backpacking-clothes-summerNobody wants to overpack when going camping. After all, you’re supposed to be roughing it out there and you likely don’t want to lug a heavy load all throughout the woods. However, it is important to make sure that you pack enough clothing for your trip. Regardless of how long your camping adventure is, it’s good to bring at least one extra set of clothes. Here’s why: you never know what the weather will do. If a sudden storm rolls in, you likely won’t see it coming because you won’t have internet access. Likewise, you may find yourself completely sweating out your duds while trekking to and setting up your campsite. If your clothes are damp throughout the night it will be difficult for your body to heat itself up. Trust us on this one, you want to have at least one extra set of clothing just in case.

You’re forgetting…..

– That hygiene is still important even though you’re in the woods; bring a toothbrush and deodorant at the very least.

– That you have to drive home; don’t lock your keys in your car or lose them on your adventure.

r1wzlg4s.qigDoNotForget-PostItThat you will likely not have restroom access; bring a shovel and toilet paper (and a disposable bag so you don’t litter).

– That your phone might die or not work; bring a map and battery operated headlamp and alarm clock (assuming you need to get up by a certain time).

– That you might get hurt out there; hand sanitizer and rubbing alcohol are always good to have on hand incase you end up with a cut and want to keep it clean.

Are the wheels turning yet? These are just a few things you might forget. Be sure to double check and think back over any areas you might be forgetting in addition to this list!

All Seasons RV Center

Are you READY to camp? Come see us in Yuba City, CA and let us help you plan your next camping adventure. Our wide selection of RVs and friendly sales team will be happy to help as you plan a trip that’s perfect for you!

3 Great Meal Ideas for Camping


Here are 3 great go-to recipes you can enjoy camping or at home:


1. Breakfast in a Bag

Cook Method: Stove Top

Cook Time: 20 minutes

Temp: Medium-High

Ingredient List:

  • Diced cooked ham
  • Crumbled pieces of cooked bacon
  • Chopped onion
  • Sliced black olives
  • Sliced mushrooms
  • Grated pepper jack cheese
  • 2-3 eggs
  • 1 boilable resealable bag


Crack eggs into resealabe bag and break them by shaking the bag. Next add in all of your ingredients into the bag with the eggs. Then open the bag just enough to squeeze out all of the extra air. Set this aside while you boil a pot of water. Now all you have to do is add the bag into the boiling water and let it cook until the eggs are done. Salsa also goes great with this.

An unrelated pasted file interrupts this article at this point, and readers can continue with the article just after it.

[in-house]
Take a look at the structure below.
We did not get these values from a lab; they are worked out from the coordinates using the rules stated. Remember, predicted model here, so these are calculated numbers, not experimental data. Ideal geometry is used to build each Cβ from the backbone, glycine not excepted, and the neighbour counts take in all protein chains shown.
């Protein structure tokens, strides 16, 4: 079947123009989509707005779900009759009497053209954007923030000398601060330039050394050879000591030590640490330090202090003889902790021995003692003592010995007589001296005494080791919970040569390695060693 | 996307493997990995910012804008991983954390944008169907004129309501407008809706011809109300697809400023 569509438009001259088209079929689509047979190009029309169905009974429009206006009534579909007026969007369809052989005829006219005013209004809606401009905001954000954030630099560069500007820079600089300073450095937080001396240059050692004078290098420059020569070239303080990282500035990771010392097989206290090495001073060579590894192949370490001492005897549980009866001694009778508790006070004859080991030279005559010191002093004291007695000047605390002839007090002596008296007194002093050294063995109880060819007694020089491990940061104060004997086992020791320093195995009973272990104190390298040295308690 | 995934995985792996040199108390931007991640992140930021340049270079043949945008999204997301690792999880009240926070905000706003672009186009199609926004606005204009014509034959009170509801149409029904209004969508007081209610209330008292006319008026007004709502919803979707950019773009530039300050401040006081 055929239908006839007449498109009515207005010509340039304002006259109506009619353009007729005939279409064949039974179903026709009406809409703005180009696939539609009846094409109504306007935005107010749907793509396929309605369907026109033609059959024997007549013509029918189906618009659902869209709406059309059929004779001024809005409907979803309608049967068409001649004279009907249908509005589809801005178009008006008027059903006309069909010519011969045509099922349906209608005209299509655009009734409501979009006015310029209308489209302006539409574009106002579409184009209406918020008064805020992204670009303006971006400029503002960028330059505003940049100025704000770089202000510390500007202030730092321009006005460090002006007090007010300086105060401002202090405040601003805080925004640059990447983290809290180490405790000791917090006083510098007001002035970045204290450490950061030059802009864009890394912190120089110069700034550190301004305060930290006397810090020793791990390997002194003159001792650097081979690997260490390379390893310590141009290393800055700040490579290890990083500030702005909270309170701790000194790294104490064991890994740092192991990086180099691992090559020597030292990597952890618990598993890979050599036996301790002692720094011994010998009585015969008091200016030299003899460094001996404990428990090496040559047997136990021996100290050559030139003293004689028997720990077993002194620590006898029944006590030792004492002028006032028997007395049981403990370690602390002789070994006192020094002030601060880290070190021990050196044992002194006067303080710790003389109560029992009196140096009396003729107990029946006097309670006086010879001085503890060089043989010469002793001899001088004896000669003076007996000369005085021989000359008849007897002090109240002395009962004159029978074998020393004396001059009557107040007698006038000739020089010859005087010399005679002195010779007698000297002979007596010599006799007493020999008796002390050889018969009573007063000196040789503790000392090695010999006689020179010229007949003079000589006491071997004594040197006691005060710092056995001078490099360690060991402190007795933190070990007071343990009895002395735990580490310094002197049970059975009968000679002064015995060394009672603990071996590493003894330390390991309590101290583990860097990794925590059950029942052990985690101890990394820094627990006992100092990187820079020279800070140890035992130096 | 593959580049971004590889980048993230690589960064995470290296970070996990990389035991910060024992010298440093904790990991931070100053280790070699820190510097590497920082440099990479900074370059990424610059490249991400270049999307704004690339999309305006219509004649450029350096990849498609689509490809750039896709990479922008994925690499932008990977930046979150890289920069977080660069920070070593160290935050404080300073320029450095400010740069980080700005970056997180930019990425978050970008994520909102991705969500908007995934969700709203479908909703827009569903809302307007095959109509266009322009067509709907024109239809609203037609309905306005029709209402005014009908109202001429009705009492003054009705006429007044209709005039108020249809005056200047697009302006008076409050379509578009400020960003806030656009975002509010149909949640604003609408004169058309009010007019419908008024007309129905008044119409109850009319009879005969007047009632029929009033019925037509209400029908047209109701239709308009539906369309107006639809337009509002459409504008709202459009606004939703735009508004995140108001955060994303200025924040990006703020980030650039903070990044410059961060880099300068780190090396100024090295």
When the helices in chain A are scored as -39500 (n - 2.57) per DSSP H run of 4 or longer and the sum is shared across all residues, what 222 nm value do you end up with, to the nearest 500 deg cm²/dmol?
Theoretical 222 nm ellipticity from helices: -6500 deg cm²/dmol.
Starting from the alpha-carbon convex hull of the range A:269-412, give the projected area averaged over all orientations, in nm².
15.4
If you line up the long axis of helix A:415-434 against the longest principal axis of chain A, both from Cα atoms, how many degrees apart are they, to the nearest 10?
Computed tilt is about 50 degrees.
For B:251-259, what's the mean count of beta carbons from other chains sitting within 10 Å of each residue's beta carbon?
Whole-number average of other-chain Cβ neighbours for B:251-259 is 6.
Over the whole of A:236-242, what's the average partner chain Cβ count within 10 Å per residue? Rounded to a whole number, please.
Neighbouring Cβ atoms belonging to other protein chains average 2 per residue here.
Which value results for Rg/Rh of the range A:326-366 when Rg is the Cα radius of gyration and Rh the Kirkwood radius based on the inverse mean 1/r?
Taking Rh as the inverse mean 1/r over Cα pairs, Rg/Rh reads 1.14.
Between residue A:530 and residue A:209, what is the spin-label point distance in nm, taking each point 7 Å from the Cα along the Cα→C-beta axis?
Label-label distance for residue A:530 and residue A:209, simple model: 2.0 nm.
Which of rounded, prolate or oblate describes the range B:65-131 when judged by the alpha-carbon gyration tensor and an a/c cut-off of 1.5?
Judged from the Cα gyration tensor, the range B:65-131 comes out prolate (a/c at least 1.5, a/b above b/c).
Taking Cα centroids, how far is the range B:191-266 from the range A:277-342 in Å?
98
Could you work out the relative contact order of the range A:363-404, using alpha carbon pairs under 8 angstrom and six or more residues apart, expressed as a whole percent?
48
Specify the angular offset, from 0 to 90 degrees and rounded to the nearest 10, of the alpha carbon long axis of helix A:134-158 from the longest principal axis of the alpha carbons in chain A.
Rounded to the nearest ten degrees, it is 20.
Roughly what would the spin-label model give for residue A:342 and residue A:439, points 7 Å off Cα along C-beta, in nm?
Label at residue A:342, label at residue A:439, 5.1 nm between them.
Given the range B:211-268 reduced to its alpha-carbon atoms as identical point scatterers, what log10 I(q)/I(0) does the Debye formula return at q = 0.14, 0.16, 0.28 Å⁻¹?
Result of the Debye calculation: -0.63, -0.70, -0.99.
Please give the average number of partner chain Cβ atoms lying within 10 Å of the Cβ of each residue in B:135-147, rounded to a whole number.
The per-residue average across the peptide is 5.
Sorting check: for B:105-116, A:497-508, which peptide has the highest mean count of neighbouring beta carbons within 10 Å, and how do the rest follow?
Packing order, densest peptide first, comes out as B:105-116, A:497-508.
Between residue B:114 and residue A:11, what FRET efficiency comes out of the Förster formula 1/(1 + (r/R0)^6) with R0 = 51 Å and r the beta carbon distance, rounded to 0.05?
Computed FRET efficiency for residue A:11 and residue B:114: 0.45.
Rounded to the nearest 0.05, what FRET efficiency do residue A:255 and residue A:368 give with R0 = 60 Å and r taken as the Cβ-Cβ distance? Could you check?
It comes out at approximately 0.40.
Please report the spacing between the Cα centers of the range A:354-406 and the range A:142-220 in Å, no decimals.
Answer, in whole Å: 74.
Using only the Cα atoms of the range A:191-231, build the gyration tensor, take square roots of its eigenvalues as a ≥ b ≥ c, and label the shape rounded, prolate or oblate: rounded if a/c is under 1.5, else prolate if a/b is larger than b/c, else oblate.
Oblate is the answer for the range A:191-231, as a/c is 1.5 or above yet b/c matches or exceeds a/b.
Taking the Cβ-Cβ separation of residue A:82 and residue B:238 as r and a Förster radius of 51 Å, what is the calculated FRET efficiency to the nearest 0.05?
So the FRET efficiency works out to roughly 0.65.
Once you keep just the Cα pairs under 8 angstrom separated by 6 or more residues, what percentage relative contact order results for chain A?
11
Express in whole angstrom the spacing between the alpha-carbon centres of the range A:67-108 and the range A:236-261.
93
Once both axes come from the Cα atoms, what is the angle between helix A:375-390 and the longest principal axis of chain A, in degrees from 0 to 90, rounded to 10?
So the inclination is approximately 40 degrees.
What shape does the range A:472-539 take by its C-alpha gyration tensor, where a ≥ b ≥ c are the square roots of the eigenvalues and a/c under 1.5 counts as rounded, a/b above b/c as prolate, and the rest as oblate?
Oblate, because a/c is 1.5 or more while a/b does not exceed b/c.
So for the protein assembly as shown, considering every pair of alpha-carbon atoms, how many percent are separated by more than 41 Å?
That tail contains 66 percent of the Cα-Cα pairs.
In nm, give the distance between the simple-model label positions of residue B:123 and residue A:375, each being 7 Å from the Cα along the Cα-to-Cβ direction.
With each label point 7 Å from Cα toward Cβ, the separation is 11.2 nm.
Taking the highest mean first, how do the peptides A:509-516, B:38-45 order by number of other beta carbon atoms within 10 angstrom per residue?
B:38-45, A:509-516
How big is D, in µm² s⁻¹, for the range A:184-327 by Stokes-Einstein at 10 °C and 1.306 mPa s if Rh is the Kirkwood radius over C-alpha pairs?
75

2. Breakfast Pouch

Cook Method: Campfire or on a grill

Cook Time: 25-30 minutes

Temp: Low fire or medium on grill

Ingredient List:

  • Sausage links
  • Shredded cheese such as cheddar or pepper jack
  • Frozen hash browns or diced potatoes
  • 1-2 Eggs
  • Diced tomatoes and chives
  • Aluminum foil


First use your aluminum foil to create a packet. It’s going to contain all of the ingredients so make sure it’s decent size. Next add in your sausage links I usually cut mine up. Then add in a handful of hash browns or diced potatoes, 1-2 eggs, tomatoes and chives and seal it up so no steam can escape during the cooking process. Let it cook either on a low campfire or on a grill for 15-20 minutes. Next open your packet and sprinkle cheese over top. Seal back up for just a few minutes until the cheese is melted. Add salt and pepper to taste.

3. Egg and Chorizo Burritos

Cook Method: Stove Top

Cook Time: 20 minutes

Temp: Medium


  • 1 roll of charizo
  • 6-12 eggs
  • 6 to 12 tortillas
  • Sriracha


Remove outer coating from the chorizo. Cook over medium heat until done. Next add in desired amount of eggs. When you add your eggs in make sure you coat the chorizo so it mixes in perfectly. Then grill up your tortillas until they have a nice color. There you have it! I like to add a bit of Sriracha to mine to give it an extra kick.

Tips for Camping with Baby


Parenting is one of the toughest jobs around. If you are a new parent, you know exactly what I’m talking about. The sleepless nights, countless feedings, stressing over every little unusual sound and face that your new baby makes, and the countless chores that add up because you are too tired to do them. The last thing you probably want to think about is planning a camping trip with a baby. But, it might actually be a good thing for all of you. Sometimes just removing yourself from the everyday routine of things is enough to relax you and your baby, especially when you are surrounded by the calming sights and sounds of nature. The following is a list of a few camping essentials that will make camping with a baby easier on you and your family.

  • Pack plenty of wipes – They can be used for more than just wiping your baby’s behind, such as wiping your own if there are no restrooms nearby or cleaning your hands after carrying firewood to your campsite.
  • Sunscreen – essential for your baby’s protection, especially if you are partaking in outdoor activities for long periods of time.